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(A question that has nothing to do with elections or politics)

How did Little Compton’s “Pike’s Peak” get its name?

The western tip of Little Compton’s Commons is traditionally referred to as “Pike’s Peak.” For much of the last century, it has been an open space, used for civic and public functions, including, among other activities, Memorial Day celebrations, a site for various permanent memorials to the town’s military veterans, the United Congregational Church annual summer fair, holiday tree lightings and displays, and vigils and demonstrations.

A Methodist Church stood on “Pike’s Peak,” at the western tip of Little Compton Commons, from 1872 until 1942. (Image courtesy of Little Compton Historical Society)

But how is it that this particular sliver of public space shares a name with a well-known and iconic Colorado 14,115-foot summit in the Rocky Mountains? The only source I find (also cited on the Little Compton Historical Society’s website) is a brief passage from Notes on Little Compton, published by the historical society in 1970. This entertaining hodgepodge of a book represents the joint efforts of two local historians, both estimable descendants of long-time Little Compton families, who each devoted decades to documenting and preserving the town’s heritage. As its title page relates, Notes on Little Compton was assembled as follows: “From records collected by Benjamin Franklin Wilbour, edited, annotated, and arranged by Carlton C. Brownell.”

An entry on page 227 of Notes reads in full:

How Pike’s Peak was Named, Told by Manuel Camara.

One of the Wilburs who lived in the house later called the Meeting House Inn had been on the 1849 gold rush. He was a drinking man who often had to be helped home after an evening out. One night friends found him on the road muttering “Pike’s Peak or bust”. They guided him along but when he reached this point of land on the Common, he would go no farther, claiming he had reached Pike’s Peak.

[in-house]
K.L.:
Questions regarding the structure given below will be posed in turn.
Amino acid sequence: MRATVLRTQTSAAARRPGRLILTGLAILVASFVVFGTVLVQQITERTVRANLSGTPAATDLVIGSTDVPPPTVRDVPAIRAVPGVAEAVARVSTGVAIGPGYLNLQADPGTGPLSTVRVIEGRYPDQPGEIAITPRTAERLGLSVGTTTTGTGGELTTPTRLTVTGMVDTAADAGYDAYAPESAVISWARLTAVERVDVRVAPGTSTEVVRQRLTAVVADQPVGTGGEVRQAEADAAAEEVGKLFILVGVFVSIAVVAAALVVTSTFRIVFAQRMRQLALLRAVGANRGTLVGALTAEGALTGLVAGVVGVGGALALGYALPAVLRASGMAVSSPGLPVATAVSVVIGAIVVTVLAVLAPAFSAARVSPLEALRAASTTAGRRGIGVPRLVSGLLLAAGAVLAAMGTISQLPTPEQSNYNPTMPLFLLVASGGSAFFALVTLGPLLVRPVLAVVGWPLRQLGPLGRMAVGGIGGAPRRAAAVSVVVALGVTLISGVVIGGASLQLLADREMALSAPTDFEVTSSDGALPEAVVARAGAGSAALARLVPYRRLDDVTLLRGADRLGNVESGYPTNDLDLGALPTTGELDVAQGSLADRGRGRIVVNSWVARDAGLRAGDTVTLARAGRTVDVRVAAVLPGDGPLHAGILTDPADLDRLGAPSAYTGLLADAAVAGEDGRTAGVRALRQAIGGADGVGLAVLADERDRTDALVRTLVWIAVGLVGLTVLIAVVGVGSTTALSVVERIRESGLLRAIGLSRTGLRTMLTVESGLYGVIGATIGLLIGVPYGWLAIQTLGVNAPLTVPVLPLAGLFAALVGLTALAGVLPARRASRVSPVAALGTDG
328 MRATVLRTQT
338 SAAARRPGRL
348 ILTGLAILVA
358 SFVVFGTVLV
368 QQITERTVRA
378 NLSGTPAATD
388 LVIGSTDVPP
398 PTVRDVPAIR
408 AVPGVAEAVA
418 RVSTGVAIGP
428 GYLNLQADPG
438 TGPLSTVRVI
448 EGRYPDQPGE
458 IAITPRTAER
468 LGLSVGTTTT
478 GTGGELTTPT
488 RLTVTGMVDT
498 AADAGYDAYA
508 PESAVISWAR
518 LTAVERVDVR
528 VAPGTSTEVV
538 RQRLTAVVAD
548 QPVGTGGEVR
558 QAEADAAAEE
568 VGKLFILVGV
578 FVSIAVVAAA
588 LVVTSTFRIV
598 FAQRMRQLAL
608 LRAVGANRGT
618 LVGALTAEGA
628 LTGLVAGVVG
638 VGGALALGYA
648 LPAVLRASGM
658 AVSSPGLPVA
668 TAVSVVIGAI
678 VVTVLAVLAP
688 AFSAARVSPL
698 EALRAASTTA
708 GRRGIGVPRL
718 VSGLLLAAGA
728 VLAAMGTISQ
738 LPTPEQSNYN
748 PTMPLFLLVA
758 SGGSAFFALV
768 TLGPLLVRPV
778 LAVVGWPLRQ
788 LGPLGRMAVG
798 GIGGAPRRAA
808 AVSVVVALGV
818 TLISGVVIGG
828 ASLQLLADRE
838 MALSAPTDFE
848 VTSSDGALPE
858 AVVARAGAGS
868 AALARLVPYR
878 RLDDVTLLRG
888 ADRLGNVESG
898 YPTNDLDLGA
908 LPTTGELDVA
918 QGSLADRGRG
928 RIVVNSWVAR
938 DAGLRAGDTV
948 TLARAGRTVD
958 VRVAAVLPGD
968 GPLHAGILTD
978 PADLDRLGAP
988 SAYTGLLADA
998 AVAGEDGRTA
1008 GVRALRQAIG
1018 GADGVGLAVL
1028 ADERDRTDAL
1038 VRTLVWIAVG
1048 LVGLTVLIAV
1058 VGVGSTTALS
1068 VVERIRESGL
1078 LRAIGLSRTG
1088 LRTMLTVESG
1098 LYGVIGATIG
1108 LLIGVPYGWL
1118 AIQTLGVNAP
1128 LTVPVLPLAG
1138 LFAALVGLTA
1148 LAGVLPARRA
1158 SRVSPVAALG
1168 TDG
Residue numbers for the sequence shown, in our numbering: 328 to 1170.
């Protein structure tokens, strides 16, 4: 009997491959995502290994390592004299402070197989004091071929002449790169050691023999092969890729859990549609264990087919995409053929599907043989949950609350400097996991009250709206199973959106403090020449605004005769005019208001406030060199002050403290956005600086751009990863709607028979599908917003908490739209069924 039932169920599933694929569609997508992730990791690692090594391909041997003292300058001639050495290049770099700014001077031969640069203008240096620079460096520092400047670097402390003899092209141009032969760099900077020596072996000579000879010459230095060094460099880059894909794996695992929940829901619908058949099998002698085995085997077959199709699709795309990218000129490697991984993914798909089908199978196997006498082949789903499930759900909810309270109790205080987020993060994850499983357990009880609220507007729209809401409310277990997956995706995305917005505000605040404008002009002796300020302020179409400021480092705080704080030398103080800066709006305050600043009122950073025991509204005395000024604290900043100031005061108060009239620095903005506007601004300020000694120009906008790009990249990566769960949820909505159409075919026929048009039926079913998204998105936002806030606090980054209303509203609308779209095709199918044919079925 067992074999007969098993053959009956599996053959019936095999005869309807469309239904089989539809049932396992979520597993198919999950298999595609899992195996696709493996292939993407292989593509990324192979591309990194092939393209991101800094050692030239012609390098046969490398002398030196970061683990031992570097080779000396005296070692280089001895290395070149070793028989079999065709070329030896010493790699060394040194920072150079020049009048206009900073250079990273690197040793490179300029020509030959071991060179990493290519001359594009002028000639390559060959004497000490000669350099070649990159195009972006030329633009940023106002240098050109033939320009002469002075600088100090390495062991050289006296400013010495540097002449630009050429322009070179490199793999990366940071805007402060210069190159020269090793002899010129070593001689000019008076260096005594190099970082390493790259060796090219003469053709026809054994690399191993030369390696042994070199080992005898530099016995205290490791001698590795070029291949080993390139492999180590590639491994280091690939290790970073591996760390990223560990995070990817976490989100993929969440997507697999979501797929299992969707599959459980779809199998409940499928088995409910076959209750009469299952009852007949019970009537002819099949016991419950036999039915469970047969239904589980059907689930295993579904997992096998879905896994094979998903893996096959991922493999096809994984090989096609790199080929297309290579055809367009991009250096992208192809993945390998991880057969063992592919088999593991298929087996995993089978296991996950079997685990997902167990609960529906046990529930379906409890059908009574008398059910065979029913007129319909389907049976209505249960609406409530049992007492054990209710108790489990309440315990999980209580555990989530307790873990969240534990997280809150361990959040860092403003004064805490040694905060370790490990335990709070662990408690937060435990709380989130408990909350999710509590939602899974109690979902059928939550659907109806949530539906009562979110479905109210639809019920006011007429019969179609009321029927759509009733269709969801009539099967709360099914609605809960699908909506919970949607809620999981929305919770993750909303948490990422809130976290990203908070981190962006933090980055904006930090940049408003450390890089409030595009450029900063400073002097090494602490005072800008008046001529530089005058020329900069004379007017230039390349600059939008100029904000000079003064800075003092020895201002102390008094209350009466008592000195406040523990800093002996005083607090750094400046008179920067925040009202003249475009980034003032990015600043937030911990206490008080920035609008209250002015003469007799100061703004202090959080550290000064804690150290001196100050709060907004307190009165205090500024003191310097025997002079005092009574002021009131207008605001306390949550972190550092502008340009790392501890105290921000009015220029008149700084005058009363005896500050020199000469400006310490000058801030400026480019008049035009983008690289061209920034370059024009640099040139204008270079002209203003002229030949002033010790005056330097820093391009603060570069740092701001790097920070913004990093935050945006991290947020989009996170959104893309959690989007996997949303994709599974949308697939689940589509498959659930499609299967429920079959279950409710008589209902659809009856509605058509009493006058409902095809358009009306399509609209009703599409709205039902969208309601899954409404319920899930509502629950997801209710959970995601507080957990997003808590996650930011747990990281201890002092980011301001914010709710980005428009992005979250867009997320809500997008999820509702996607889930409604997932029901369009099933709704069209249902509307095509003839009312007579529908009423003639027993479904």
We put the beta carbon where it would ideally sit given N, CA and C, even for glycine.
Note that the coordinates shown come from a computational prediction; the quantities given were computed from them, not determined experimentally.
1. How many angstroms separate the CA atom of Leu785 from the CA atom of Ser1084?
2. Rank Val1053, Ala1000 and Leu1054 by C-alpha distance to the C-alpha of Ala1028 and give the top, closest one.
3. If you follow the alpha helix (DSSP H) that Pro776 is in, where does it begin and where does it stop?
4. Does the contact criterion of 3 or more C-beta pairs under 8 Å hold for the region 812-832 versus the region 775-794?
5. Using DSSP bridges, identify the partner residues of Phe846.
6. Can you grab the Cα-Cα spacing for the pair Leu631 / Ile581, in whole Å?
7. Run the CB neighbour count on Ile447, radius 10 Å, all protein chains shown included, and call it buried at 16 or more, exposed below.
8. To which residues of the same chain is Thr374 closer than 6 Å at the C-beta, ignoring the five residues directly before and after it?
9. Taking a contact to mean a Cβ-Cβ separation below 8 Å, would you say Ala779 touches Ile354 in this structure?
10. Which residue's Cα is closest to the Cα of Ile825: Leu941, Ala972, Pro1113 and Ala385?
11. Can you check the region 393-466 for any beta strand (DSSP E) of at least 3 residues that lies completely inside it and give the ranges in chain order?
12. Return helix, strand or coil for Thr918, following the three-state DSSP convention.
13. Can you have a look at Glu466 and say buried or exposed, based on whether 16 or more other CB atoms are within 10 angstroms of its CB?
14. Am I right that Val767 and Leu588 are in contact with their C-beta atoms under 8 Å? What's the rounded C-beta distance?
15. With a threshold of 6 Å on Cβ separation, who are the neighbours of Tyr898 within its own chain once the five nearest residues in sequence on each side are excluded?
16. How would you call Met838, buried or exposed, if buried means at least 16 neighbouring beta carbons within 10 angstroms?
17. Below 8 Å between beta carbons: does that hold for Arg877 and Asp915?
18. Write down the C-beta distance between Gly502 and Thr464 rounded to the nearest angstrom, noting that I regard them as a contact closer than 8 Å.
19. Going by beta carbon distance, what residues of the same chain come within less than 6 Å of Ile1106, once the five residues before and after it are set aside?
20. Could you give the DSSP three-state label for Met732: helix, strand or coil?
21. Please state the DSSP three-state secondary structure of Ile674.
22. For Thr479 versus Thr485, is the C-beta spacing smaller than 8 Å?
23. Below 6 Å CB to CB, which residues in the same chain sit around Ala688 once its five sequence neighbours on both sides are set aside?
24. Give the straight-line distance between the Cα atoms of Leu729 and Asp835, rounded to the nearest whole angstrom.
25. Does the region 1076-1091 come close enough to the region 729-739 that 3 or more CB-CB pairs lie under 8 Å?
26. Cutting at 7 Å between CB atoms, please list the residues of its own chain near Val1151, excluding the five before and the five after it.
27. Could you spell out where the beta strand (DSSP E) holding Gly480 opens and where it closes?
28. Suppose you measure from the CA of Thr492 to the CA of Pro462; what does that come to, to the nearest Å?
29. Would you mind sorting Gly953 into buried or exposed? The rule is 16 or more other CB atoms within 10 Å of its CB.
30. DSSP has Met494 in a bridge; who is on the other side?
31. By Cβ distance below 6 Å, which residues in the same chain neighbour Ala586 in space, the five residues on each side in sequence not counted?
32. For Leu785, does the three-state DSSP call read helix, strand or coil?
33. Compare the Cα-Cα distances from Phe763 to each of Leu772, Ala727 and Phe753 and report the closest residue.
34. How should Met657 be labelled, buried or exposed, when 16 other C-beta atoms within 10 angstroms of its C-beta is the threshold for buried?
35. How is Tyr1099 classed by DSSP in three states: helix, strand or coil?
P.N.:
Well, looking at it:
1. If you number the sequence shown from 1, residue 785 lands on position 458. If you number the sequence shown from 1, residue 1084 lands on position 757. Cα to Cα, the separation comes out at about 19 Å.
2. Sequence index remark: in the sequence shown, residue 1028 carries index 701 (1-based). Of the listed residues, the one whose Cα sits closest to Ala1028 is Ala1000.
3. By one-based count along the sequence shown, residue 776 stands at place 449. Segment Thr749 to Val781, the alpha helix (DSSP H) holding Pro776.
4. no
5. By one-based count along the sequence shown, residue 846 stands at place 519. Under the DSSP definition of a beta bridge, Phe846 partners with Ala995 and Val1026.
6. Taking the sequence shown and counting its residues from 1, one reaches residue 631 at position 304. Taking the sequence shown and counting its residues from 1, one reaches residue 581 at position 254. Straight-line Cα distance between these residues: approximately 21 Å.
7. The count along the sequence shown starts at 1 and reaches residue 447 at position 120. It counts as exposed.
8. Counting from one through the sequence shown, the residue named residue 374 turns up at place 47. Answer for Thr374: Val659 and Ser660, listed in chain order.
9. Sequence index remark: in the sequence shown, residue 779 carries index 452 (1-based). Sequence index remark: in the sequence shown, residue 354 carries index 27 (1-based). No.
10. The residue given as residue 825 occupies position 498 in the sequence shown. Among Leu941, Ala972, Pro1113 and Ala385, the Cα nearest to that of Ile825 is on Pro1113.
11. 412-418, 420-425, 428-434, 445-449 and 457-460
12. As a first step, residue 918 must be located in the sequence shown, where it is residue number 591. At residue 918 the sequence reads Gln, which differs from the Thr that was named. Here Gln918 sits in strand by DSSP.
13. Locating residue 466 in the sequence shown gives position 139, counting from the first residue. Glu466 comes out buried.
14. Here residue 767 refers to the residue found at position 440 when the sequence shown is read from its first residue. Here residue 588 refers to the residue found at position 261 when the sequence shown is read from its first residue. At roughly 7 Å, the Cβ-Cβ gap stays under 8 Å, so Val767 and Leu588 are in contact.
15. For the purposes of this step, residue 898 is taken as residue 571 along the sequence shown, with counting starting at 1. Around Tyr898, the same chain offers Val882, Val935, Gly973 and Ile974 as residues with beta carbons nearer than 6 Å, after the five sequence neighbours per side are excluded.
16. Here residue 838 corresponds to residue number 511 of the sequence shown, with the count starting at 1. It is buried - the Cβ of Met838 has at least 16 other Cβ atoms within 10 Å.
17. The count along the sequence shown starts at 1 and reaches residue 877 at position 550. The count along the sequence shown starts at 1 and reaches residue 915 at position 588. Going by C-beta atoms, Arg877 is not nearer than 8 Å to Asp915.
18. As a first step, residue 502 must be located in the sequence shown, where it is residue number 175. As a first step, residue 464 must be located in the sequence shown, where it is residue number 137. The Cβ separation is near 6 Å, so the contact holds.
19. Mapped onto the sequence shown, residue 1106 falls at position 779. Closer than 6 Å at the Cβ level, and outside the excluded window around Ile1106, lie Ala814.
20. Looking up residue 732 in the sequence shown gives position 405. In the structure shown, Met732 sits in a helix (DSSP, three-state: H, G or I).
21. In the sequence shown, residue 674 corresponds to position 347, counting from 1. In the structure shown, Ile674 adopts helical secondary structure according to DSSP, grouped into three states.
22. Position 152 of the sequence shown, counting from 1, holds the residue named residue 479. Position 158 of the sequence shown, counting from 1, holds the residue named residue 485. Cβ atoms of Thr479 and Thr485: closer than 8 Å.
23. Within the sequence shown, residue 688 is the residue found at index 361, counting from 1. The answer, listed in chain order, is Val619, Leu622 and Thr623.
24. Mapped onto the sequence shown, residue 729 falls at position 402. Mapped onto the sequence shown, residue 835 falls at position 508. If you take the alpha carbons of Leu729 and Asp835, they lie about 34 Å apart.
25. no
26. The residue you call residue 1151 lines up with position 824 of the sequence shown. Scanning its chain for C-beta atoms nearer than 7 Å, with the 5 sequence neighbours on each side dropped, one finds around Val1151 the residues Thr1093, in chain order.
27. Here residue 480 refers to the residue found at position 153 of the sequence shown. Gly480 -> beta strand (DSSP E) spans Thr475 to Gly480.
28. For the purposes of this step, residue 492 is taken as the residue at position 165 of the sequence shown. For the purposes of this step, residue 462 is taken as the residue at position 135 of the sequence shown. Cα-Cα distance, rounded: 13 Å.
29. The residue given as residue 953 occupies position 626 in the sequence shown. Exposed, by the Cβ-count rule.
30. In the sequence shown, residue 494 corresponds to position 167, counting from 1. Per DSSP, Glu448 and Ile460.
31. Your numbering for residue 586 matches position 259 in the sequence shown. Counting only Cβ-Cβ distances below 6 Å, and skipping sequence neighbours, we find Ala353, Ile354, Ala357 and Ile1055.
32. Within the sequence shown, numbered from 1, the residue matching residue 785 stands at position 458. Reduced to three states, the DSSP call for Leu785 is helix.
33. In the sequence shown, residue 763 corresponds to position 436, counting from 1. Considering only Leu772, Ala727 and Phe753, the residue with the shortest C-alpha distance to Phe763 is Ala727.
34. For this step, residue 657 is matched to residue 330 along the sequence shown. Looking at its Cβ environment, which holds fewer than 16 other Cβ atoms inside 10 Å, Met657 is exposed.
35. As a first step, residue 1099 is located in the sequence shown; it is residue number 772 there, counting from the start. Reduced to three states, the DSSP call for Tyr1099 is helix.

Unless and until another credible source for the name surfaces, the origin of the appellation “Pike’s Peak” for this significant public space survives by oral attribution from one well-known Little Compton personality, Manuel Camara. His colorful tale tactfully omitted identifying individually the well-traveled member of one of the town’s largest families who reputedly “reached Pike’s Peak” after a besotted night on the town.

It’s a good story. I see no reason to doubt its accuracy.

The namesake of Colorado Pike’s Peak was the American military officer and explorer Zebulon Pike. On the second of his two expeditions during the first decade of the 19th century to explore the newly acquired American lands comprising the Louisiana Purchase, Pike’s party in November 1806 first sighted the Colorado mountain later named for him. They attempted to reach the summit but were thwarted by deep snow and dwindling food supplies. A Minnesota historical museum, located in the terrain traversed by his earlier expedition in search of the Mississippi River’s source, provides a generous defense of Pike’s somewhat ambiguous historical reputation.